Bird flu has hit an eighth Minnesota turkey farm, the second such occurrence in Kandiyohi County, animal health regulators said Tuesday.

Highly pathogenic H5N2 bird flu has been found in a flock of 30,000 turkeys in Kandiyohi, the state’s largest turkey-producing county. Turkeys in one of the farm’s three barns came down with the flu. As is common in such outbreaks, turkeys in the other two barns were killed as a precaution.

The farm has been quarantined, so birds can’t be moved in or out. The dead birds will be composted on site for about four weeks.

The second Kandiyohi County outbreak occurred 3 to 4 miles from another farm struck by bird flu in the past few days.

The flu is believed to be spread by migratory birds who don’t get sick themselves. The virus is transmitted through wild bird feces, and is somehow making its way into commercial turkey barns, which are enclosed from the elements.

With this new outbreak, 373,000 Minnesota turkeys will have died from the flu or been euthanized to prevent the disease’s spread. Minnesota, the nation’s largest turkey producer, churns out about 46 million turkeys a year.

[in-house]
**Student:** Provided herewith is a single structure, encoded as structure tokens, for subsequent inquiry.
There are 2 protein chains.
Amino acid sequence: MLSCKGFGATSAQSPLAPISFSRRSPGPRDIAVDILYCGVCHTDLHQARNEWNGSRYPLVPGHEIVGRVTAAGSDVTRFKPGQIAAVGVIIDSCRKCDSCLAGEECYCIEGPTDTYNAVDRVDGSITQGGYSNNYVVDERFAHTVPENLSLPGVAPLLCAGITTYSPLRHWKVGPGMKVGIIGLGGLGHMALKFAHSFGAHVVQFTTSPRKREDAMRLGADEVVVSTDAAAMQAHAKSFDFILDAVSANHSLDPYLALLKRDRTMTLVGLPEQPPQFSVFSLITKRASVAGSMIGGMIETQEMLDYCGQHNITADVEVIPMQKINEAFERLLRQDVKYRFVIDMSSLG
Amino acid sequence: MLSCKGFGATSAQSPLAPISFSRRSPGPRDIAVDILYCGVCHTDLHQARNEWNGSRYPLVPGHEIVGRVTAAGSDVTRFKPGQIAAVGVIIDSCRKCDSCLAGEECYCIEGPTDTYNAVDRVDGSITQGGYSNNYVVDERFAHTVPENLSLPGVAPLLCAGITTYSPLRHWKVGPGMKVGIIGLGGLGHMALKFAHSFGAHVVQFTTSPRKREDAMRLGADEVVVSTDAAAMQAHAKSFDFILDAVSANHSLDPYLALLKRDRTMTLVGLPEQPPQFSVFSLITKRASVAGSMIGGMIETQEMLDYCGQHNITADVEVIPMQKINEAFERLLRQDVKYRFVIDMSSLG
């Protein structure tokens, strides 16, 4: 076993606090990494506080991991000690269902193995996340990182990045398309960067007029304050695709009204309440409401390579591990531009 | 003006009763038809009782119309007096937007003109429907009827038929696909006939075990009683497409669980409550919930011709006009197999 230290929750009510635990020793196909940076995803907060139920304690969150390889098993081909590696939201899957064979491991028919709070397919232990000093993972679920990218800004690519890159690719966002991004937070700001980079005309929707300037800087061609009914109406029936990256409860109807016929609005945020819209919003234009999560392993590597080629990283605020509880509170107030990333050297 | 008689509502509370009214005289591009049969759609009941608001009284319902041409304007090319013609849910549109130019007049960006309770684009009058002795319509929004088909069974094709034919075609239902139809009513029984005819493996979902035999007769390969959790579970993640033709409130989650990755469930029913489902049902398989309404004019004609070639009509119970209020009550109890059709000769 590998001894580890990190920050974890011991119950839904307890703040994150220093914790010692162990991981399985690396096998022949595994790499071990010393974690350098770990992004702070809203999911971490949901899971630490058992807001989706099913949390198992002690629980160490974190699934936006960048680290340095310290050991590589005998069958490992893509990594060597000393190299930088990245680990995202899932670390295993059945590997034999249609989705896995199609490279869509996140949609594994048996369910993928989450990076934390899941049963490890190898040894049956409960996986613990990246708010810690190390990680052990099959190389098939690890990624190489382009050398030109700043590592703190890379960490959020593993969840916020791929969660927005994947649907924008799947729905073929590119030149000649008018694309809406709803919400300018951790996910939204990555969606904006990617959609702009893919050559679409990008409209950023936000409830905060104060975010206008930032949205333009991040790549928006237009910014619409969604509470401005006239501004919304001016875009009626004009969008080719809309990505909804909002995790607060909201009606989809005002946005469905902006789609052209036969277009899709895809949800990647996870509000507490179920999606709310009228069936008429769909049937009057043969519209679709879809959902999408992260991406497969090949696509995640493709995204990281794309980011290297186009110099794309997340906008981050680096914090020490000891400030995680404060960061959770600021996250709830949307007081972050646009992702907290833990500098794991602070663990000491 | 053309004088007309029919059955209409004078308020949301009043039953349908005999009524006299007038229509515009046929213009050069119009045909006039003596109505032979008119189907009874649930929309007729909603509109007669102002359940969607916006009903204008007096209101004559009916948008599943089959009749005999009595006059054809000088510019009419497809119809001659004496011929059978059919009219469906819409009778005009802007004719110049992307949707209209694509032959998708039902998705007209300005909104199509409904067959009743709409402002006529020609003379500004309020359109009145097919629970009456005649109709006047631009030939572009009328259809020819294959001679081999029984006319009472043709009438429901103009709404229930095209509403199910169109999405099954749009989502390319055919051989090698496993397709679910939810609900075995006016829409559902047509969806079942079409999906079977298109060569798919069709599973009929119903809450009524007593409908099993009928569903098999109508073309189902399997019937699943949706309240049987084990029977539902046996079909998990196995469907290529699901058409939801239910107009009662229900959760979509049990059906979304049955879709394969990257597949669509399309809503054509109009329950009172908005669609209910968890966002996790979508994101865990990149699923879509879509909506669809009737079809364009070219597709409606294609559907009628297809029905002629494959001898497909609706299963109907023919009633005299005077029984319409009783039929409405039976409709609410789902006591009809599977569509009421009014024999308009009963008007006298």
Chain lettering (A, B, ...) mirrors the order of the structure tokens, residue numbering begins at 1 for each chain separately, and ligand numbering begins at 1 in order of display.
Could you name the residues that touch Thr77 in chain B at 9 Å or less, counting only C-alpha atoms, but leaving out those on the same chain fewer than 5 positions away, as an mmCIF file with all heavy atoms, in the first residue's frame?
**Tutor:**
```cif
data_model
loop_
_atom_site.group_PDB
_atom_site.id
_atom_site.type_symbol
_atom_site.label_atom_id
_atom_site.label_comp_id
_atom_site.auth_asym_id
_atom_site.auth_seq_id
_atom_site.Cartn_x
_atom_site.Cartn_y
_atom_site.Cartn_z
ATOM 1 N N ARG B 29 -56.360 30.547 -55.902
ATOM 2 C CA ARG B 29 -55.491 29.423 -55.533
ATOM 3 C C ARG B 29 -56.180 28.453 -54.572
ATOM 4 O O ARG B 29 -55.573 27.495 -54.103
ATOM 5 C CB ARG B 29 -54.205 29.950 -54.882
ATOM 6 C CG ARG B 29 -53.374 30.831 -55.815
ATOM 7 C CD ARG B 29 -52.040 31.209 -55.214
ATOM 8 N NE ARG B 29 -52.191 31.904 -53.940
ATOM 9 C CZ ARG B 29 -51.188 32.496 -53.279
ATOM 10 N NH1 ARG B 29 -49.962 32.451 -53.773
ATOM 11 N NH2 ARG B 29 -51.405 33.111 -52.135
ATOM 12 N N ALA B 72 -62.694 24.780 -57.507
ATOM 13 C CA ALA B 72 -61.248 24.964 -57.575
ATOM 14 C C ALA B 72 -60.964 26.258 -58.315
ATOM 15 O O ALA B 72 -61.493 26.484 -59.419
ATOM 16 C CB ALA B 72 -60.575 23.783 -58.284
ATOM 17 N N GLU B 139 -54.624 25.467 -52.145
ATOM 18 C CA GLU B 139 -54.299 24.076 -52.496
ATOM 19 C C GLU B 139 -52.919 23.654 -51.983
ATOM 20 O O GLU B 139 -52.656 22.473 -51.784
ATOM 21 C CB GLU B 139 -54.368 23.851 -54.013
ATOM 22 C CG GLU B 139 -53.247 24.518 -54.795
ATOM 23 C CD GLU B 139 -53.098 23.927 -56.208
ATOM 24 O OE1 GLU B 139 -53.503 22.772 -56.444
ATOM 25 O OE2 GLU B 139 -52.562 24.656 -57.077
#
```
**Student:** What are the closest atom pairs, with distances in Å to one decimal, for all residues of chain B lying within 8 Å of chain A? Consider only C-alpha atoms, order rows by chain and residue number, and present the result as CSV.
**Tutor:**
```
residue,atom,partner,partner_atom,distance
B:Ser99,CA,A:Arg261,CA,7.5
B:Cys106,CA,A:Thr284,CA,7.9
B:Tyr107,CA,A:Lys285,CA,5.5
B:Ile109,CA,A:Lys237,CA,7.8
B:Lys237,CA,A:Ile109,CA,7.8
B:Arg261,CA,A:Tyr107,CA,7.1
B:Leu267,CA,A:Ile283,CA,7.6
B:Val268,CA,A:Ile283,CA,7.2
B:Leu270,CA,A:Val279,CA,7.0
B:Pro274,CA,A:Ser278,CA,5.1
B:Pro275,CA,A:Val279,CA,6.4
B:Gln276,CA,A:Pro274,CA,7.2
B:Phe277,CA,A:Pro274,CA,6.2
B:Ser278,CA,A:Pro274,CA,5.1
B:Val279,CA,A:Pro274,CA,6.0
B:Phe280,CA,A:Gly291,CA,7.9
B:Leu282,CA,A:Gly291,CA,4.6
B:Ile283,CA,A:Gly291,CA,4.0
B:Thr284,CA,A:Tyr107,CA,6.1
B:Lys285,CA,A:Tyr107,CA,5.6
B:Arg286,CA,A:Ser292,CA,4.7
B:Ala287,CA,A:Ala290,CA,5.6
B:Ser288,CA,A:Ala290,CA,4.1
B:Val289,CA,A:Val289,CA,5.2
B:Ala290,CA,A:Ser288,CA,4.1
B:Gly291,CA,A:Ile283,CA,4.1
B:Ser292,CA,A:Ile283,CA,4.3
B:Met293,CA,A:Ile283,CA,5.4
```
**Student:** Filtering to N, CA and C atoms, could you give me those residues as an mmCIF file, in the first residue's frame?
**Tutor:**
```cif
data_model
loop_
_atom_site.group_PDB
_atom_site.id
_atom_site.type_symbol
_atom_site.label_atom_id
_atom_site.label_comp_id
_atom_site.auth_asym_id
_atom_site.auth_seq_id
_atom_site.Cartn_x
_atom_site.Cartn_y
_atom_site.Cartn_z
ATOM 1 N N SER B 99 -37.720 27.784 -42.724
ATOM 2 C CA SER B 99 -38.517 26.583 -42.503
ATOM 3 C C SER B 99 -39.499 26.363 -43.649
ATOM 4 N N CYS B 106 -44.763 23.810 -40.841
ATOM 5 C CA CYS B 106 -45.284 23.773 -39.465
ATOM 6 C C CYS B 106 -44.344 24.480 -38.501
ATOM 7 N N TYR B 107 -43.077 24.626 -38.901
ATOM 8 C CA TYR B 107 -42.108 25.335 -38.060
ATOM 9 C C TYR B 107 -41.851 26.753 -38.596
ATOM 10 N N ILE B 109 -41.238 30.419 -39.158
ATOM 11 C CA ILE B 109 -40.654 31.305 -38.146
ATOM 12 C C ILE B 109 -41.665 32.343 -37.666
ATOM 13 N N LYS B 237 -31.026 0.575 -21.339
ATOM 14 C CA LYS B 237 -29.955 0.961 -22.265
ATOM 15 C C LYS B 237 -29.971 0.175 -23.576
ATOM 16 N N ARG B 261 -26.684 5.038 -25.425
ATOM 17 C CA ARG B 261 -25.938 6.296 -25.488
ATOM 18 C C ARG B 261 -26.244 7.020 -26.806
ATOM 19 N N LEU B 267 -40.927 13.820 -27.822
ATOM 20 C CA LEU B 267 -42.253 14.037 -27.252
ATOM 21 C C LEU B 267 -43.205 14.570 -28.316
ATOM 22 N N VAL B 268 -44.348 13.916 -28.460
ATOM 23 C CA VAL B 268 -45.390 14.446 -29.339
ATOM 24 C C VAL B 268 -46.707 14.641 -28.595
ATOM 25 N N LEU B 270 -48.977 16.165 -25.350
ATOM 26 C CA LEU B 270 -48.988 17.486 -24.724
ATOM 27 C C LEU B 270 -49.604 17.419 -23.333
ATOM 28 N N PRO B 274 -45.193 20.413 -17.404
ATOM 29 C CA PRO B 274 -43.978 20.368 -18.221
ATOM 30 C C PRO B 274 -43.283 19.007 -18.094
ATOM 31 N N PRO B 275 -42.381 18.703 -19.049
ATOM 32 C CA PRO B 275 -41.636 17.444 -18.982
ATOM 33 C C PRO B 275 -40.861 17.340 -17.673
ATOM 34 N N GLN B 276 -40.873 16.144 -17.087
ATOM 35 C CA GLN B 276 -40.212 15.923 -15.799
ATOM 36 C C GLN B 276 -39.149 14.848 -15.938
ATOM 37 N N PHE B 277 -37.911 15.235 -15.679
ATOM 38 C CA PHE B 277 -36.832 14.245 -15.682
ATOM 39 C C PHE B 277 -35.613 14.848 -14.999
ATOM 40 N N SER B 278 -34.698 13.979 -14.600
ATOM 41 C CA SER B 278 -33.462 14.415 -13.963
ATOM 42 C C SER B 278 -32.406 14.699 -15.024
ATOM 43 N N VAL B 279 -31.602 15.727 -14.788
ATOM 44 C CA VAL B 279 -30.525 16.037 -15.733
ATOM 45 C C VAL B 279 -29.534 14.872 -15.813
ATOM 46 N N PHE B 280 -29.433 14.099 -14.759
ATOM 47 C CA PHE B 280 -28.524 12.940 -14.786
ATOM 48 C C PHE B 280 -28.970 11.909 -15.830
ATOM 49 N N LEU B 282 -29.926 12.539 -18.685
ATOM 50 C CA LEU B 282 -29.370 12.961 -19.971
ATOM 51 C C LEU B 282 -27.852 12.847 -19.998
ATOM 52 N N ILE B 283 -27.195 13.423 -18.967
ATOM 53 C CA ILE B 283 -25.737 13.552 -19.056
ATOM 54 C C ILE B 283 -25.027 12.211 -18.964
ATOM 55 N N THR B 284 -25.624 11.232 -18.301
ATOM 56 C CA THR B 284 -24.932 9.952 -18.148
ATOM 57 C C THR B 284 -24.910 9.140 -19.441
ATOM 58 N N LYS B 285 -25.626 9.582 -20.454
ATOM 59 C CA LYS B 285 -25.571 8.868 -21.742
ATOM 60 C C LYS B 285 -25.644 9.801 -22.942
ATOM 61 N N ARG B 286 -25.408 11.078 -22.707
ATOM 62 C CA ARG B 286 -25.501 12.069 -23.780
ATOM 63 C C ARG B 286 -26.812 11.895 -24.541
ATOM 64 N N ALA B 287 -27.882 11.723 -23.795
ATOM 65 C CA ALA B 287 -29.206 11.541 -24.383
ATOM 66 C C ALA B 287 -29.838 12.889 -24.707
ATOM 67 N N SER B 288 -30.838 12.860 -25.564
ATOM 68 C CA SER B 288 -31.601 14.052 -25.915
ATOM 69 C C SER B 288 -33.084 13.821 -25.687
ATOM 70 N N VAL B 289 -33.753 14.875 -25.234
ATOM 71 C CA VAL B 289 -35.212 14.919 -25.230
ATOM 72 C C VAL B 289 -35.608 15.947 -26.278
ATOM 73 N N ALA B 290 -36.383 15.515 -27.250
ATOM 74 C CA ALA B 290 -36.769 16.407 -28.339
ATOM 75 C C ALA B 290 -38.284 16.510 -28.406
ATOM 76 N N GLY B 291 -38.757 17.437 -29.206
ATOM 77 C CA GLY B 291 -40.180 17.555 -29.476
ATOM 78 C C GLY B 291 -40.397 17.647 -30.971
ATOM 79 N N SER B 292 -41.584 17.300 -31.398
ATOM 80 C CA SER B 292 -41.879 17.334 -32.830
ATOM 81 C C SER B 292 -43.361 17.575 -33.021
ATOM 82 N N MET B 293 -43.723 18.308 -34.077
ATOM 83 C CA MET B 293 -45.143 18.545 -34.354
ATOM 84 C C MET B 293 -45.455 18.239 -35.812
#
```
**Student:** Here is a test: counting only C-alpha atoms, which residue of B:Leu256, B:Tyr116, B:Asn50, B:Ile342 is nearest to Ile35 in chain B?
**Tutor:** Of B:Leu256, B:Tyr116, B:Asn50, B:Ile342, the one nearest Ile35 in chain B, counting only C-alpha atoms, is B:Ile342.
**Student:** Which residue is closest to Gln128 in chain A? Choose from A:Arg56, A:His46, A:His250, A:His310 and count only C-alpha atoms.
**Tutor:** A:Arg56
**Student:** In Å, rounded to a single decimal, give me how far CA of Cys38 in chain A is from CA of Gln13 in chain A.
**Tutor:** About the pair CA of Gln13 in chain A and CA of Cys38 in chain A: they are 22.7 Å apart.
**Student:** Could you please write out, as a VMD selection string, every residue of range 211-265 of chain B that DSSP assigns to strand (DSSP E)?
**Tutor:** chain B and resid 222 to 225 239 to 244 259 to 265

The Minnesota Animal Health Board and the U.S. Department of Agriculture have about 50 people working on stopping the outbreak and figuring out how it has spread. The industry is boosting “biosecurity” measures: limiting farm access for people and machinery, and intensely cleaning both if they go into a barn.

The flu first appeared early last month at a Pope County turkey farm, but has surfaced at seven more operations in the last 10 days. The state’s animal health board said state law doesn’t allow the release of farm names or exact locations.

The bird flu also has been reported recently in eastern South Dakota, Arkansas and Missouri, and earlier this year in several western states. While chickens can get the H5N2 bird flu, turkeys have been much more susceptible to the virus.

The H5N2 bird flu poses a low health risk to people, health experts say, though workers at afflicted turkey farms are being monitored by state health officials. Birds from affected flocks do not enter the human food system, as they are destroyed, the animal health board says.